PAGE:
There are a couple of forms of rebates available to encourage installation of  PV systems:
  • Small Technology Certificates (STCs) – these are certificates generated when the system is installed. Usually the installer sells these on behalf of the owner and takes it off the price of the system. Owner has to assign STCs to installer.
  • Victorian Government rebate – Subject to eligibility requirements (see website) – but these are usually not an issue for most households.  I understand that the homeowner has to apply for it  - prior to getting the system installed – see website  for details on how to apply. It is important to read this website page if you want to apply for the rebate. Note that the government releases a limited number of rebates monthly - dates are on the website. It might be best to apply immediately on the release date. 
The Victorian Rebate complicates the process quite a bit. There are quite a few hoops to jump through. However it is currently (2021) worth $1400, if you are eligible, so it is worth working through the process. Do not accept a quote prior to receiving approval for the Victorian Rebate - in case approval is delayed.

It is not known if other states also offer additional rebates. A simple search of the web should reveal if there are any rebates on offer in other states.
Feed In tariff

This is the payment the owner receives for the excess electricity (electricity that is not used in the house) that is fed into the electricity grid. The rate is currently a minimum of 6.7 c/kWh in Victoria.  It was recently (2021) decreased from approx. 10.2 c/kWh. It could in the future decrease by more or become a variable rate depending on the time of feed-in.


Installing a poor quality system that fails in a number of years would be the biggest risk associated with rooftop PV. So choosing the right installer and the right equipment is important - see below.

The lowering of the feed-in tariff is a risk.

There is also commentary around that because of the large quantity of  rooftop solar being installed the retailers will be given the right to switch off some rooftop solar in the middle of very sunny days. There is other commentary about giving retailers the right to charge homeowners to feed electricity into the grid. Neither of these are in effect today. It is unknown if they will be implemented and if so when they will be implemented. And even whether they will impact on existing rooftop PV systems or just new systems. Solar is fast developing field. Innovations such as the roll-out of community batteries, the increased installation of domestic batteries and greater residential ownership of electric vehicles and home recharging, may mean that the need for these changes is lessened as there becomes greater use for the rooftop PV generated electricity on the local grids.

There may be other risks as well.

Rooftop PV is currently a great investment. Even if some of the listed changes eventuate in quite a few the years time the impact on the financial viability of rooftop solar should be manageable.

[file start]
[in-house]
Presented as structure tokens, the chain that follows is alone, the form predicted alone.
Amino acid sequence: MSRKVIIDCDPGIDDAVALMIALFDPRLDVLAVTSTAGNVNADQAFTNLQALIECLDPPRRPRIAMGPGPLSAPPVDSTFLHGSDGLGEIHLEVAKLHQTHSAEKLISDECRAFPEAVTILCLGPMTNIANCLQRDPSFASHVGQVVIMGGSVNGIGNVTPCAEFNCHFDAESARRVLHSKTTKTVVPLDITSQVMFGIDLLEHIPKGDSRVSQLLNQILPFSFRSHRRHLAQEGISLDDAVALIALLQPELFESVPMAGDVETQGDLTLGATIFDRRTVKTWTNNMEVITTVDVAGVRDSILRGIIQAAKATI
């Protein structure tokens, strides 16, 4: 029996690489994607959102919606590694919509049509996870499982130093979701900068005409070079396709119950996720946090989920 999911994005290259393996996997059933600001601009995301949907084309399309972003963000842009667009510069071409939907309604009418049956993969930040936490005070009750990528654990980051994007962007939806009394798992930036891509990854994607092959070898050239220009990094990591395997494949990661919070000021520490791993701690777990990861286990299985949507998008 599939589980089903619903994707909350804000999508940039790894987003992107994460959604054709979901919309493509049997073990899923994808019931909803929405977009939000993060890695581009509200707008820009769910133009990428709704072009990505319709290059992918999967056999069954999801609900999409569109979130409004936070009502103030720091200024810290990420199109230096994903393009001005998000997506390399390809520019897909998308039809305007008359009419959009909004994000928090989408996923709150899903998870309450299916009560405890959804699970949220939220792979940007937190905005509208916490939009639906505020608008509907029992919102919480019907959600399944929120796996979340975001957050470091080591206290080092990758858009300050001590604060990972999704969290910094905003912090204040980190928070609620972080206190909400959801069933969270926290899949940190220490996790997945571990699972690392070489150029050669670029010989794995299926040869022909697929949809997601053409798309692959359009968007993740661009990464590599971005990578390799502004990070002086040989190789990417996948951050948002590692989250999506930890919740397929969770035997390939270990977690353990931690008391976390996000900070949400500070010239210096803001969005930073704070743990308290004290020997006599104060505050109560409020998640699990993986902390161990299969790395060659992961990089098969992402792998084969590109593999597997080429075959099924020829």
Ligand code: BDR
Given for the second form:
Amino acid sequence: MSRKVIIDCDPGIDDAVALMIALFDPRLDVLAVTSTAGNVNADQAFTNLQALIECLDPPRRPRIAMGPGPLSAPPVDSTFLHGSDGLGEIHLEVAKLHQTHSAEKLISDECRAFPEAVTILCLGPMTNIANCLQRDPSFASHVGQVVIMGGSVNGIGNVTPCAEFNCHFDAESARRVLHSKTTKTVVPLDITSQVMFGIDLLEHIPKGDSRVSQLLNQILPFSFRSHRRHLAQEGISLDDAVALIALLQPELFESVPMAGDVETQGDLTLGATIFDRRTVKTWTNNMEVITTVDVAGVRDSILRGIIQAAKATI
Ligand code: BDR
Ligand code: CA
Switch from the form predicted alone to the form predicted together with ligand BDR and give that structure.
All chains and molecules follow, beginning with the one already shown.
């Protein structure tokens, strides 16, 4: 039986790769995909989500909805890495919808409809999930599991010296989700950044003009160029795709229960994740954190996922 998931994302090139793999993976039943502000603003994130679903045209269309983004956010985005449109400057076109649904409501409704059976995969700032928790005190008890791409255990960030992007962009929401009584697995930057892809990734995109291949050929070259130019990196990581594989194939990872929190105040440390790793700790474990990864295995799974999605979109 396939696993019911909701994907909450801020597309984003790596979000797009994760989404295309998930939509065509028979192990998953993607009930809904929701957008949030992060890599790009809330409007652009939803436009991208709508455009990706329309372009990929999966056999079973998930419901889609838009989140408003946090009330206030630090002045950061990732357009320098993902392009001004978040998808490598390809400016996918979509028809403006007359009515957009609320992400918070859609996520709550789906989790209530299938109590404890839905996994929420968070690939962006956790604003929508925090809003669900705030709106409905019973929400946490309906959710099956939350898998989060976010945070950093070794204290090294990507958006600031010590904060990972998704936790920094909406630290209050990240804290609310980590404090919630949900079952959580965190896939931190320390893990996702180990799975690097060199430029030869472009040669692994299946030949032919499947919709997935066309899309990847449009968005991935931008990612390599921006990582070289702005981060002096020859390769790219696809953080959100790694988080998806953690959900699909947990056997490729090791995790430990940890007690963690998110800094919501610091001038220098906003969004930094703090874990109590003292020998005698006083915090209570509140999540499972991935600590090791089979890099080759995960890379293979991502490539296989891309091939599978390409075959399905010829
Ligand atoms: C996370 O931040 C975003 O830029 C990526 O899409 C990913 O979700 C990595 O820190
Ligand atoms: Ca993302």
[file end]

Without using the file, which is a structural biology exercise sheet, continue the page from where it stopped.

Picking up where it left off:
Choosing an Installer

Could try:
  • Many Councils run schemes to encourage the installation of domestic solar panels in their municipality. For example for Hume City Council in Victoria - Hume Solar Rollout. Run on behalf of the Council by the Yarra Energy Foundation – a not for profit group. They also provide the same service in a number of other Victorian municipalities - check your council or the YEF. There are indicative prices on the Hume Rollout Website – however these can increase depending on site - double storey or multiple orientation or multiple strings. If nothing else these figures provide you with a ball park indication of what you are likely to pay. Sometimes they are called solar bulk buy schemes  e.g. Geelong Community Solar, Darebin Solar Stream and MASH.
  • Solarquotes – Pre-vetted installers. I understand that they send three installers out to give competitive quotes. Solarquotes are are paid by the installers.
  • An installer based on personal recommendation - however still check them on the Clean Energy Council website - and get a comparison quote.
If you want to go with an installer that has been recommended to you or perhaps a company you have heard of from advertising then check their website, check social media to see if there are any adverse comments, check to see whether they are on the list of approved suppliers for the Victorian Rebate. You could also search them on the ABN Lookup site - to see how many years they have been trading - if only a couple of years it would be concerning.

The Clean Energy Council has an installer accreditation system – check their website to see if the installer is accredited with them.

Then remember when the quote is received to check what equipment they are offering to install - if they are offering recognised brands of panels and inverters that is a positive.

Remember the dictum: "you get what you pay for". The super low prices that are sometimes advertised raise alarm bells for me.

Please note: I have no association with Solarquotes. I have not used them as a supplier. Social media that I have read indicate they they are OK. I have no association with the Hume Solar Roll Out, however I am a member of the Hume Council Sustainability Taskforce.